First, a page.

Mary is a lady I have taken care of for several years. Every time she comes in I check her heart and lungs. Then, when I go to check for swelling in her legs, we have a good laugh. See, the first time I saw her, I checked for swelling and only then realized something pretty important.
Mary’s lower left leg is missing.
She is diabetic and developed gangrene in her left leg some time before she started seeing me and had to have her left leg amputated below the knee. She is a very sweet lady but now has some significant trouble getting around.
Why would Mary need to get her leg amputated? There are a number of possible reasons. Diabetics can lose feeling in their feet and if they hurt themselves they may not feel it. They don’t generally have good circulation and wounds take longer to heal. Diabetics also have immune systems that don’t work right and they have trouble fighting infections.
Unfortunately Mary is in good company. The rates of diabetic amputation are risking across the country. For instance, in California, the rate of diabetic amputation rose 31% between 2010 and 2016. Some counties like San Diego and Riverside counties had over 60% increases. Across the United States the rate of diabetic amputation rose 27% between 2010 and 2014. Before 2009 the rates had been dropping.
Why is this happening? Why are people losing toes and feet, ankles and legs to diabetic amputation?
There are a number of possible reasons.
- More diabetics. The number of Americans with diabetes is on the rise. This doesn’t explain it all, though, because even just looking at diabetic patients the rates are rising.
- Access to care. Before the Medicaid expansion that came with the Affordable Care Act many low-income diabetics went without care for their illness. Also, coverage for podiatric care (which includes care for foot wounds and chronic foot infections) is not consistent across the country and across insurers. If you can’t afford medication and see the specialists you need, you’re at increased risk for complications like amputation.
- Health literacy. Many diabetics don’t understand why they need to see the doctor regularly. They don’t know all the bad things that can happen as a result of diabetes. They don’t know they could lose their vision, have a heart attack, wind up on kidney dialysis, have a diabetic amputation. Education is key.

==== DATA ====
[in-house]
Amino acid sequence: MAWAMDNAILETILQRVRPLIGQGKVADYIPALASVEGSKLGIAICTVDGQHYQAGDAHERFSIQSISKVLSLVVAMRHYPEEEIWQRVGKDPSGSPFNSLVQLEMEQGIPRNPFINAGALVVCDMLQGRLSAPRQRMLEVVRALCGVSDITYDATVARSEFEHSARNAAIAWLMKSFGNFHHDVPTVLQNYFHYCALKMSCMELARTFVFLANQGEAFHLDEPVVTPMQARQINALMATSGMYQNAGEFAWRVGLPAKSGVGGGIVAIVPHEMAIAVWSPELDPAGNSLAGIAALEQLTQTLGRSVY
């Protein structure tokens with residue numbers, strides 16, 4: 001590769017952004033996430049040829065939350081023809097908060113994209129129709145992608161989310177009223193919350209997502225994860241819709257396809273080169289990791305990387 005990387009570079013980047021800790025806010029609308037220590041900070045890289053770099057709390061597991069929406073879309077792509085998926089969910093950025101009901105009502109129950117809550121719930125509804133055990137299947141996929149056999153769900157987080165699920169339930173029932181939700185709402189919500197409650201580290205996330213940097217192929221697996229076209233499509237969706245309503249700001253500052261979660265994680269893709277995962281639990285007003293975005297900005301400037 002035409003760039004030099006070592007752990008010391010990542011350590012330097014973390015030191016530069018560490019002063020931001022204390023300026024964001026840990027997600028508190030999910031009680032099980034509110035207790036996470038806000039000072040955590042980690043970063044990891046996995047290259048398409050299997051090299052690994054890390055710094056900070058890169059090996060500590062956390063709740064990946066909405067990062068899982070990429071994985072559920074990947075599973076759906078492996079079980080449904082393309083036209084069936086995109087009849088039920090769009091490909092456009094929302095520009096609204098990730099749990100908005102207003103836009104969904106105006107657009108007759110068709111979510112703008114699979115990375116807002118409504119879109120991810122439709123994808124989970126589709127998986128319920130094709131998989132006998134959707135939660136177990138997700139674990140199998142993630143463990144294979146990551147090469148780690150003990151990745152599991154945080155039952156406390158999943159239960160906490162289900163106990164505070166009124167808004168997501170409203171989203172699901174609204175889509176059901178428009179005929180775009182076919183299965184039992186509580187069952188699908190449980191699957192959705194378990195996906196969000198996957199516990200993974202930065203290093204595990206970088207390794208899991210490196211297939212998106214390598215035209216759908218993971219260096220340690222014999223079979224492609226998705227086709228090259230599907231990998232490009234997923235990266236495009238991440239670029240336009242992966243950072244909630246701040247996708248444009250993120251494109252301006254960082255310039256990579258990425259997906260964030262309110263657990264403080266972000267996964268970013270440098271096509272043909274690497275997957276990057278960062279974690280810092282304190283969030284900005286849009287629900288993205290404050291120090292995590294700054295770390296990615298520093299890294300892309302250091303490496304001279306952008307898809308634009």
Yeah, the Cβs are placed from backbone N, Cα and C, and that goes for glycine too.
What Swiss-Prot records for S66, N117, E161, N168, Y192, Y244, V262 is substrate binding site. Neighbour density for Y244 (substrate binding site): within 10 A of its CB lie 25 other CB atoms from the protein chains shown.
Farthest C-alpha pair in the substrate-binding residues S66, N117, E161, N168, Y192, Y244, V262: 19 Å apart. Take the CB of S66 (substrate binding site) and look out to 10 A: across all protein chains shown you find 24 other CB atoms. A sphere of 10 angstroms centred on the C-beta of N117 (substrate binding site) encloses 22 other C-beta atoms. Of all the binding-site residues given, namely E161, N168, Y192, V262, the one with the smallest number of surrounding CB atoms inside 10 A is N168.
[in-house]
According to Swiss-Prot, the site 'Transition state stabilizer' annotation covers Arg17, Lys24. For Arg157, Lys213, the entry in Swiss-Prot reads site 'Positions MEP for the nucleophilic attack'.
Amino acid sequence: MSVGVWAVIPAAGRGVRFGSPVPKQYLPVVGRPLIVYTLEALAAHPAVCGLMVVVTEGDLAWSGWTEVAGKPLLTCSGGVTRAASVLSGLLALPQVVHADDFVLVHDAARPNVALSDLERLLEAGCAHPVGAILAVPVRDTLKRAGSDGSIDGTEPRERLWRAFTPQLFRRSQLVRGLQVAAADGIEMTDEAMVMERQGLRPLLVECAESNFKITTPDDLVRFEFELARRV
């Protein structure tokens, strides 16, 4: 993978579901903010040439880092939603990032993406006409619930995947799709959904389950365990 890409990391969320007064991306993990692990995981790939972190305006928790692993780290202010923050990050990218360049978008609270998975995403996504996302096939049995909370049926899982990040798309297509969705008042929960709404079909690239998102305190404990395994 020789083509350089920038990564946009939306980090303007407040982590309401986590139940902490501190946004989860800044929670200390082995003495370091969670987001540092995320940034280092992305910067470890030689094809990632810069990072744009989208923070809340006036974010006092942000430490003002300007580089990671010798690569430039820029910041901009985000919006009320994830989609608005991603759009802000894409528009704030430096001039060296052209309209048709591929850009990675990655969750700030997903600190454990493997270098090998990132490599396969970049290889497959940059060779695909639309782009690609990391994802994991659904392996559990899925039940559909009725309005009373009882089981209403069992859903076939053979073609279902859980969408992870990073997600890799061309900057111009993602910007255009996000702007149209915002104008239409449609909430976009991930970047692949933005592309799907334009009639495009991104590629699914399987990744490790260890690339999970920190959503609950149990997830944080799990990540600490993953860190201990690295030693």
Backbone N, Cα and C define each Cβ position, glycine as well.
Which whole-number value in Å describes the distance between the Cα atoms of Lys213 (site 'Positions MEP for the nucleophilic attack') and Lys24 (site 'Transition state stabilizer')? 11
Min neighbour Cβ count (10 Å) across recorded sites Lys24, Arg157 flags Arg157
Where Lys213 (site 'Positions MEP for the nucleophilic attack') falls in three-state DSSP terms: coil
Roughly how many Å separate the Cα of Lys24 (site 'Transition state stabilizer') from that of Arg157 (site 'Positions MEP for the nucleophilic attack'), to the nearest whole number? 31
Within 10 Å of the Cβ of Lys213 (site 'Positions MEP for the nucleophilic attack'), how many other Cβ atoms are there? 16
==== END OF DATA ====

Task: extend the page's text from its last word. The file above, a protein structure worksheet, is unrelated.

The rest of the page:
- Lifestyle factors. If you’ve ever tried to lose weight you know how hard it is to change your lifestyle. Eating a healthy, mostly-plant-based fresh-food diet, exercising regularly and drinking water are critically important for diabetics but many patients seem to think as long as they take their pills or their shots that’s all they need to do. NO medication can make up for a crappy lifestyle!
If you are a diabetic, please make sure to see your doctor regularly. If your doctor wants you to check your blood sugar and blood pressure, PLEASE do it, and keep a written log. (It’s really hard for us to scroll through your glucometer’s tiny screen, so please bring us an organized log. It will save time for more important things!)
Don’t smoke. Whatever you need to do to quit, do it.
Get. Serious. About your diet. NOT kidding. What we put in our mouths determines the majority of health for ALL of us, not just diabetics. Even if you have a low income, you can make healthy choices in your diet.
Walk. Get outside and walk. Go to the mall and walk. It doesn’t matter WHERE you walk, as long as you do it. Research has shown that walking is an excellent intervention for those who have circulatory problems in their legs. It actually helps grow new blood vessels around any blockages that are there.
Look at your feet every day. If you can’t reach them, get a mirror on a stick or have a family member check your feet. All parts of them, tops and bottoms and between the toes. Report ANY wounds or cuts or scaly, red areas to your doctor, even if they’re not painful. Remember, diabetics lose feeling in their feet and it can be subtle so that they don’t realize the sensation is not normal. Wear sturdy protective shoes to keep from injuring your feet, especially if you know the sensation isn’t normal. Cute little sandals and flip-flops will NOT protect your feet from injury.
A diabetic amputation is a huge deal. Amputation affects independence, the ability to walk and drive and get done the things that we need to do every day. We need to do a better job preventing the need for diabetic amputations. That means being aggressive about diabetes and blood pressure treatment, protecting our feet, staying active and being engaged with our doctor and an active member of the treatment team.
God gave you two legs, two feet and ten toes. There’s a reason for that, and we need to do everything we can to keep all those parts in good working order!
QUESTION: Do you know anyone who has lost part of their foot or leg to diabetic amputation?